The Coronavirus Bill was published on Thursday 19 March 2020: https://publications.parliament.uk/pa/bills/cbill/58-01/0122/20122.pdf. It is likely to become law on Monday 23 March 2020.
The Bill, at sch 20, pt 2, para 24(1), revokes (and replaces) the very recent Health Protection (Coronavirus) Regulations 2020 (S.I. 2020/129).
On 20 March 2020, Dijen Basu QC, David Lawson and Elliot Gold recorded video seminars on new and existing police powers, the Civil Contingencies Act 2004, police organisation and collaboration and the duty of care to officers, police staff and members of the public arising from the Coronavirus emergency.
Below are links to the seminars:-
Dijen Basu QC speaks about the police powers in the Coronavirus Bill 2020 – schedules 20 and 21.
Elliot Gold speaks about the police collaboration, mutual aid, increasing police numbers and resilience.
Dijen Basu QC speaks about the Civil Contingencies Act 2004.
David Lawson gives an overview of the Coronavirus Bill 2020.
There is also a private link for the questions and answers sessions that we recorded, dealing with questions that people emailed to us. Please contact firstname.lastname@example.org for further details.
Home Office circular 005/2012. Amendments to determinations under the Police Regulations 2003.
Reckoning service during maternity leave: this substitution shall have effect from 5 October 2008.
Pay on promotion: this substitution shall have effect from 1 February 2012.
Temporary salary: this substitution shall have effect from 1 February 2012.
Temporary promotion: this substitution shall have effect from 1 February 2012.
Maternity pay: this substitution shall have effect from 1 February 2012.
Maternity leave and adoption leave: part 1 of the new annex R shall have effect from 5 October 2008, part 2 of the new annex R shall have effect from 1 September 2006 and part 3 of the new annex R shall have effect from 1 January 2011.
Maternity support leave, adoption support leave and parental leave: this substitution shall have effect from 1 September 2006.
Acting up allowance: this substitution shall have effect from 1 February 2012.
Applications for forced marriage protection orders (“FMPO”s) made pursuant to s.63A of the Family Law Act 1996 are on the rise: in 2018, the government’s Forced Marriage Unit provided advice or support in 1,764 possible forced marriage cases; a significant increase from the following 1200-1400 cases in 2017. Also in 2018, Family Court statistics indicate that 322 applications were made and 324 orders granted. Despite applications being made by police, who must seek leave to make such an application under s.63C(3) of the Family Law Act 1996, and local authorities, the legislation itself does not provide clear guidance as to how the court should deal with such applications. The President of the Family Division, Sir Andrew McFarlane, has now done so in Re K (Forced Marriage: Passport Order) EWCA Civ 190.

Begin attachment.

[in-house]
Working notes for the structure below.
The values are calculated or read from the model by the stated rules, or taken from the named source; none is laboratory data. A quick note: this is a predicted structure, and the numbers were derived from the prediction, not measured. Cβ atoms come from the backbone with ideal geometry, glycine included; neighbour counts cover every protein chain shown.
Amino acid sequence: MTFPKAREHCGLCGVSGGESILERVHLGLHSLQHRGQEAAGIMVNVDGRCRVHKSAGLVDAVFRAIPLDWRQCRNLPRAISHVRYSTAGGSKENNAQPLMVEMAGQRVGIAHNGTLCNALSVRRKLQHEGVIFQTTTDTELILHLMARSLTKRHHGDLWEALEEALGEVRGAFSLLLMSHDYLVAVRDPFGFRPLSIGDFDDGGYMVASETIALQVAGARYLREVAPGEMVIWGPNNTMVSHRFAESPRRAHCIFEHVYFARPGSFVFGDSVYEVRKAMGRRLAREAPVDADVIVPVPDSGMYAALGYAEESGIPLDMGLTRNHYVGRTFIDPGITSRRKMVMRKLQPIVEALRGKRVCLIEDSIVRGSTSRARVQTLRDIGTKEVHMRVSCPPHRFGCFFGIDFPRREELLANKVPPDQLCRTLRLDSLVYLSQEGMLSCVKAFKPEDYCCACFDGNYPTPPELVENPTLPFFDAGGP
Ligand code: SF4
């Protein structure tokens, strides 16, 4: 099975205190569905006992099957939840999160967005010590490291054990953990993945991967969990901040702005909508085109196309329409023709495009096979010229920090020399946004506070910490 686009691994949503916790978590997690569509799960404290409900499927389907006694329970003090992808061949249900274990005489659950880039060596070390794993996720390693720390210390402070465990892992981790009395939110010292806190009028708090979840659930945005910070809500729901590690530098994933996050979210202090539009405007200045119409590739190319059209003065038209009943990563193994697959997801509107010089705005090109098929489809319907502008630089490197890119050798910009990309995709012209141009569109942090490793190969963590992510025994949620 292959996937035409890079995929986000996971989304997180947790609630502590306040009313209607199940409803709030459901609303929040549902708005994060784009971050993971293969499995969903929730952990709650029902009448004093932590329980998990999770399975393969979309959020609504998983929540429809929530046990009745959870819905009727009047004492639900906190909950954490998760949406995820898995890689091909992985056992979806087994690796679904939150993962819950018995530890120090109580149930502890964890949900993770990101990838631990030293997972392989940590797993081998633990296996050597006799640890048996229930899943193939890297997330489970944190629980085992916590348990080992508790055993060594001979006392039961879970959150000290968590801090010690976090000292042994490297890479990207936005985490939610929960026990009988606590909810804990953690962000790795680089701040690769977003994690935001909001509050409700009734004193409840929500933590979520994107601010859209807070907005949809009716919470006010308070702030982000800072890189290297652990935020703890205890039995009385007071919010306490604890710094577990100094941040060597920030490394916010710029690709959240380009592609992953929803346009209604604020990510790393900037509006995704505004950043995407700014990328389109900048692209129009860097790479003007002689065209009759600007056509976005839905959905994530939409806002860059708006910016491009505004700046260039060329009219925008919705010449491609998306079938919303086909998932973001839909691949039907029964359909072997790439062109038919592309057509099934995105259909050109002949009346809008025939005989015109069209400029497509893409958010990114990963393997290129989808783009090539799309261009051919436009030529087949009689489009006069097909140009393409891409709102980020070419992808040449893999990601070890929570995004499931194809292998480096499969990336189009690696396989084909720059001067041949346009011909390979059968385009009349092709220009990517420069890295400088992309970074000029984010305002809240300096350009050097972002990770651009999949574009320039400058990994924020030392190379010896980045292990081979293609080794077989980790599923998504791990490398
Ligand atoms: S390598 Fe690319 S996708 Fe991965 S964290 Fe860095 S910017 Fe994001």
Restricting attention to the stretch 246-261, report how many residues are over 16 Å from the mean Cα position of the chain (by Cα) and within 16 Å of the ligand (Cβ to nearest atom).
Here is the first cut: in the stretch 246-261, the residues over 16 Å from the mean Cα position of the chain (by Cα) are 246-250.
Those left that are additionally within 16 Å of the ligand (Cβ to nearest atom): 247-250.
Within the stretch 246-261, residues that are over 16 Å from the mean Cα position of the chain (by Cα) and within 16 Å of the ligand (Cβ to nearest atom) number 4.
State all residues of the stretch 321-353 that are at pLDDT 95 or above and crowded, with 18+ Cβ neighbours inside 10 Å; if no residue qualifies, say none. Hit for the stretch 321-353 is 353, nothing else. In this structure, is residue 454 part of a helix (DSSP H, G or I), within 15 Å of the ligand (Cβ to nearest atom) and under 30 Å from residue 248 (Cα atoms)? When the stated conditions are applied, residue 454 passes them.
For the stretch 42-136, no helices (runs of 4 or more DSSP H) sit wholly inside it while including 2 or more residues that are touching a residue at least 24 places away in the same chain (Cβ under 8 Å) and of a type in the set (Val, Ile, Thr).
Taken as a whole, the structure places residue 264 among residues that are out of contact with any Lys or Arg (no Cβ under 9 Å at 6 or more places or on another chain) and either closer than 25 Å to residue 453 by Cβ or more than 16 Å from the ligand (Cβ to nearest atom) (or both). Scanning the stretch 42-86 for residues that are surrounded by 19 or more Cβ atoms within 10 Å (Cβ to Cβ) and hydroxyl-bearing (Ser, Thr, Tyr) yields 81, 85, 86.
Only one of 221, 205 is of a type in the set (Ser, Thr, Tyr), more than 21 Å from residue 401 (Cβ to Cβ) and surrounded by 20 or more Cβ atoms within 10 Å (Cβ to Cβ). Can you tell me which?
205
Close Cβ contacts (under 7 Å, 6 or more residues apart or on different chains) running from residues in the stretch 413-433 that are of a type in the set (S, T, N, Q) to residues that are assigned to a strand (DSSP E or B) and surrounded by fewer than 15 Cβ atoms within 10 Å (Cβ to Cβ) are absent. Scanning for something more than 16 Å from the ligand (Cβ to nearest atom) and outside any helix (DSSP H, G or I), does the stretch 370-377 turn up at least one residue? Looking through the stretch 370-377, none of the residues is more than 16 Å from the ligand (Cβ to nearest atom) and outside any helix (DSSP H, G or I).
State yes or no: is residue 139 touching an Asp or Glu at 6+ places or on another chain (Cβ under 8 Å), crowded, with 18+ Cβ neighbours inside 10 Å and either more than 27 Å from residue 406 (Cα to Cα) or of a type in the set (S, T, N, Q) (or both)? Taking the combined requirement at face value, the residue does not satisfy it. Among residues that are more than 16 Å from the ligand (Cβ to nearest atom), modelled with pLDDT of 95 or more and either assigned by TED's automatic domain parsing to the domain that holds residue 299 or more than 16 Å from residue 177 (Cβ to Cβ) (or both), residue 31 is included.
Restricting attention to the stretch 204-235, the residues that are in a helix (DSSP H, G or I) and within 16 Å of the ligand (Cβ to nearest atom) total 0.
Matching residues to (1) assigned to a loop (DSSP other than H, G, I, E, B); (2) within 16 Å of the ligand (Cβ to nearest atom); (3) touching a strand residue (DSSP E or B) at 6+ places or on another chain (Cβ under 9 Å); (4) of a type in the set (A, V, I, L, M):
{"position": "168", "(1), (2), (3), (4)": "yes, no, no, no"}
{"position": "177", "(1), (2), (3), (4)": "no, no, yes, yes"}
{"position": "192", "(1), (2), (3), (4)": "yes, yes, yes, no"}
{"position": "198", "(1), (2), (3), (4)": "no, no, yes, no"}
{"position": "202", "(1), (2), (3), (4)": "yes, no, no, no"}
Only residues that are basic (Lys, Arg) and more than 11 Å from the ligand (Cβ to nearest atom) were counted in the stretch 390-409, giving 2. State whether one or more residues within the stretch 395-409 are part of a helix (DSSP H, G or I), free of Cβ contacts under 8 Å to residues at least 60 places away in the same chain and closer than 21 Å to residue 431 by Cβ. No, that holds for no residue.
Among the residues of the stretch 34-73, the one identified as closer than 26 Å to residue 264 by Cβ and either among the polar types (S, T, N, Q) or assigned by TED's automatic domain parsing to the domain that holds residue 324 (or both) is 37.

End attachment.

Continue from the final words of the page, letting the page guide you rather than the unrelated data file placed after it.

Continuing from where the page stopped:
In Chief Constable of Essex Police v Transport Arendonk Bvba  EWHC 212 (QB), the High Court (Laing J) refused to strike out a claim in negligence, against the police, where the driver of a lorry carrying cargo had been arrested for drink-driving, and the cargo had been stolen during the driver’s detention at the police station. It demonstrates the continued difficulty to identify what is a police “act” or “omission” – and what amounts to the police causing a state of danger, giving rise to liability.
It is possible for the social media activity of professionals to amount to professional misconduct, even if seemingly made in a personal capacity and where freedom of speech is claimed. The case of Diggins v Bar Standards Board  EWHC 467 (Admin), holds that there is no “bright line” between conduct that falls within the private realm as opposed to that which is sufficiently public to engage a professional disciplinary jurisdiction. It is sometimes argued in police misconduct hearings that private social-media behaviour of officers falls outwith professional misconduct – that might be the case on particular facts but the instant case shows that this is not necessarily so.